April 14, 2021

A postmortem is an examination performed after a death to determine what was the cause.

A postmortem also has a political context: It's defined as a detailed evaluation or examination of some event that just ended. It's a determination of whether mistakes and/or poor judgment of a losing candidate were the cause of defeat, or whether other factors like changing demographics, opponent spending, incumbency or just simple non-electability were at play. On April 6 all 30 suburban Cook County townships and 120 municipalities had elections.

Several trends were clear: (1) Local elections are about quality of life, viability of neighborhoods, tax levels and home resale values. Elected officials are usually those who have been active in their community, attend or coach sports events and have built a network. An "outsider" with money will not usually win, even with a deluge of mailings. (2) Turnout was miniscule, barely cracking 30 percent. Only community-minded people with a stake in the game voted.

NORRIDGE: "I may run again," said Tom Benigno, Illinois' $188,000-a year deputy Secretary of State. 2025 would be his fourth attempt.

"He can't be serious," scoffed village president Dan Tannhauser, who beat him 1,695-1,448 on April 6, a margin of 247 votes. Benigno lost 1,747-1,155 to the now-retired James Chmura in 2017, by 592 votes and 1,722-1,206 to Chmura in 2013, by 516 votes. Tannhauser and Chmura were the candidates of the Norridge Improvement Party (NIP), which has run the village since 1952.

Benigno ran a patented Mike Madigan-scripted, distort-and-attack campaign, which means lots of lies and lots of negative mailings. "He (Benigno) lied about my pension, about my 'defunding' the police (stance), about the village economy and about the gas station issue," said Tannhauser. Benigno told me he would spend "about $80,000," but he raised close to $200,000, including $45,000 in the last 2 weeks, all of it from other Democratic politicians, unions and entities who do business with the Secretary of State. Tannhauser added that Benigno "had 50 paid workers, most from outside Norridge" who flooded the 9 precincts and "at least 18 mailings." Benigno rebutted that he "had only 11 mailings" and that his precinct workers were volunteers.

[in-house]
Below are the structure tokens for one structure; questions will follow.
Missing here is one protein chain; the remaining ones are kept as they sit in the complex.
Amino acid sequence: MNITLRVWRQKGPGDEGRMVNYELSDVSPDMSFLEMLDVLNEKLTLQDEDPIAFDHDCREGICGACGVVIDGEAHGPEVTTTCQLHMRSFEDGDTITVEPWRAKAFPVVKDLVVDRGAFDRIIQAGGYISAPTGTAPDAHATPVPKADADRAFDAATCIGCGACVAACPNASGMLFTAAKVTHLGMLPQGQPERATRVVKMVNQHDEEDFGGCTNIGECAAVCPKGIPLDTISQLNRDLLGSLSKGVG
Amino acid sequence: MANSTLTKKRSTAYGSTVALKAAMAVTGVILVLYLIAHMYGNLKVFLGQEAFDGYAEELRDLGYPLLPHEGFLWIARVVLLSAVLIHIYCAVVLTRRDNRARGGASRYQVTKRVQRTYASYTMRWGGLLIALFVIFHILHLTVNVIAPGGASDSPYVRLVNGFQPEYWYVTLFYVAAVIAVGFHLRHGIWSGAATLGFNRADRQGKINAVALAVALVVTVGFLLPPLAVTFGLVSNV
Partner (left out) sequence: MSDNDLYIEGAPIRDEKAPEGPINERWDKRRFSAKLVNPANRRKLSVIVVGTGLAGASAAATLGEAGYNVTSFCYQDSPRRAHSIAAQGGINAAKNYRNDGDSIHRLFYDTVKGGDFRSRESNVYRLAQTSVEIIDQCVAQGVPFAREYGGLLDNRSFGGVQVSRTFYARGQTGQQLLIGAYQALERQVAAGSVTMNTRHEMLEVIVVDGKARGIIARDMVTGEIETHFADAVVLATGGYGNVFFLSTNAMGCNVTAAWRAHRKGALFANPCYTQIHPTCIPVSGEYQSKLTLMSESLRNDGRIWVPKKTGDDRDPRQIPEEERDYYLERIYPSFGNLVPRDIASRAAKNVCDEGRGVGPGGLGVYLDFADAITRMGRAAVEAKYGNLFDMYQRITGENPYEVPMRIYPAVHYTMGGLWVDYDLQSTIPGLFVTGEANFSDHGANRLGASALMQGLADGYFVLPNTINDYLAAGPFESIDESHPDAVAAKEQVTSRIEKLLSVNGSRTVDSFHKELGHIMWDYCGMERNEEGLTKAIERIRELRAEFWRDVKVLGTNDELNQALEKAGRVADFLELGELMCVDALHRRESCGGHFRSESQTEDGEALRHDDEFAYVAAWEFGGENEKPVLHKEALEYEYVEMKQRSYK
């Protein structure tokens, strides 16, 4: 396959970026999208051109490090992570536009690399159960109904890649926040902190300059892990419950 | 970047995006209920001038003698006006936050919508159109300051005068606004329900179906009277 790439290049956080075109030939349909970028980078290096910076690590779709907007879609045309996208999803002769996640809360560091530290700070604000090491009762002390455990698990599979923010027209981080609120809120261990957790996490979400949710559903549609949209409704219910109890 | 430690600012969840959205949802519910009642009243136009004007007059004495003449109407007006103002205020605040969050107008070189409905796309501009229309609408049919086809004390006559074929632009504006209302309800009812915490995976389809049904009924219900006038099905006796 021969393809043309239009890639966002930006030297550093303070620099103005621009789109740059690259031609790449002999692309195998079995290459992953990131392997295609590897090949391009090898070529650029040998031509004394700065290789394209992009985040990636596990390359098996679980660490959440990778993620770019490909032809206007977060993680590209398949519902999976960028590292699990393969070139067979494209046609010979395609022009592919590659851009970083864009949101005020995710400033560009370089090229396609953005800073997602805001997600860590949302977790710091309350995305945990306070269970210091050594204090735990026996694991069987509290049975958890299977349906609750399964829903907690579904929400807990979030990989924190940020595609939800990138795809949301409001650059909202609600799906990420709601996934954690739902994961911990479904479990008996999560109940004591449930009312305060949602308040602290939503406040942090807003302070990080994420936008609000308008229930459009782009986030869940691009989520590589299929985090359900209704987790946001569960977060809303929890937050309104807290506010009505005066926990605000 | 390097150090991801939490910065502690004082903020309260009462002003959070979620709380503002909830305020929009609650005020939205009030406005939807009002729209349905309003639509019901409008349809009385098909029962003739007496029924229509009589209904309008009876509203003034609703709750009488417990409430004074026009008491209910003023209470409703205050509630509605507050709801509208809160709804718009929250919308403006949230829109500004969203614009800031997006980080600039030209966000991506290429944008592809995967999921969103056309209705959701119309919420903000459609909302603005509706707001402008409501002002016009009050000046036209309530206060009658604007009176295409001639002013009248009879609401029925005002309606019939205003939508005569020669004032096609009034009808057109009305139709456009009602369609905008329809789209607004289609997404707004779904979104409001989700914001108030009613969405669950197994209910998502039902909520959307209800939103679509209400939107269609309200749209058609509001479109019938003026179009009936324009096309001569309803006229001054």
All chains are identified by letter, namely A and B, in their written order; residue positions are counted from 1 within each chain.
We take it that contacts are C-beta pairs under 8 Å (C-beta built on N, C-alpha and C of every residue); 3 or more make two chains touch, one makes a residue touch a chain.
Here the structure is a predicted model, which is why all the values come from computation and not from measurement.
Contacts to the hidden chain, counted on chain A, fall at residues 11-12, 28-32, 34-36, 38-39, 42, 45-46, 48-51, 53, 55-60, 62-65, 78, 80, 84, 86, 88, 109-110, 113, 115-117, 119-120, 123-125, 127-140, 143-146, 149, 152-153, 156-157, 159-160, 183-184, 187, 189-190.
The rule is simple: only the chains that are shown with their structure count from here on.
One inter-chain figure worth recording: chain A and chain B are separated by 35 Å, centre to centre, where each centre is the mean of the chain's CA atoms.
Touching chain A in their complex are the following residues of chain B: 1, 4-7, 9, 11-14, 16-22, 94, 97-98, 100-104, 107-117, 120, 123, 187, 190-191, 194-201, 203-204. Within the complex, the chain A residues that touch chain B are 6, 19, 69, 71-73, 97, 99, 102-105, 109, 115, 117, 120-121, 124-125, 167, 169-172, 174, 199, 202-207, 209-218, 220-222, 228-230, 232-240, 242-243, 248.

Norridge has a population of 14,800 in 5,727 households, with 8,989 registered voters. Turnout was 3,090 on April 6, or 34 percent. Tannhauser said he won, despite only a half-dozen mailings and a budget of $80,000, "because voters asked themselves two questions: Why is he (Benigno) spending all this money? And what's in this for him?" Benigno got more votes in 2021 than in 2017, but after three tries, he is still an outsider.

NORWOOD PARK TOWNSHIP: Matt Podgorski's NWSGOP, a grassroots Republican operation which was strongly pro-Trump last year, got the idea that the township was ripe for a 2021 takeover. Their candidate for supervisor was Norridge cop Anthony Beckman, just coming off a 53,351-45,814 loss for state senator against Robert Martwick, having won 11 of the township's 17 precincts last year. NWSGOP put together a Law-and-Order Party slate.

The township consists of Norridge, Harwood Heights and a slice of south Park Ridge. Trump won the township 6,655-5,909 in 2020.

Incumbent supervisor Tom Lupo, elected in 2001, was perceived as complacent and beatable. But he defeated Beckman 2,275-1,738, getting 57 percent in 17 precincts. Township government spends about $700,000 annually, half on salaries, and does virtually nothing. Voters like that. Under the watch of Lupo, a Norridge Improvement Party ally, there were no spending or tax hikes, and no pensions. In other words, if it ain't broke, don't fix it.

Beckman will be back in 2022 to challenge Martwick again.

MAINE TOWNSHIP (Des Plaines and Park Ridge): It takes a lot of work to build a molehill into a mountain, and also to bulldoze a mountain into a molehill. But township Republicans have done a spectacular job of doing just that, culminating in a historic April 6 wipeout for all eight township offices. To be sure, Trump lost Maine Township 37,884-27,310 in 2020, but Republicans have always maintained a beachhead in the township. Their dwindling base was enough to prevail in low-turnout local elections. Now Democrats control everything, including the area's state Senate and House seats.

Republicans on April 6 maintained total control of northwest suburban township governments in Barrington, Elk Grove, Leyden, Palatine, Wheeling and Schaumburg, and kept the supervisor's job in Northfield - despite the fact that Trump tanked there.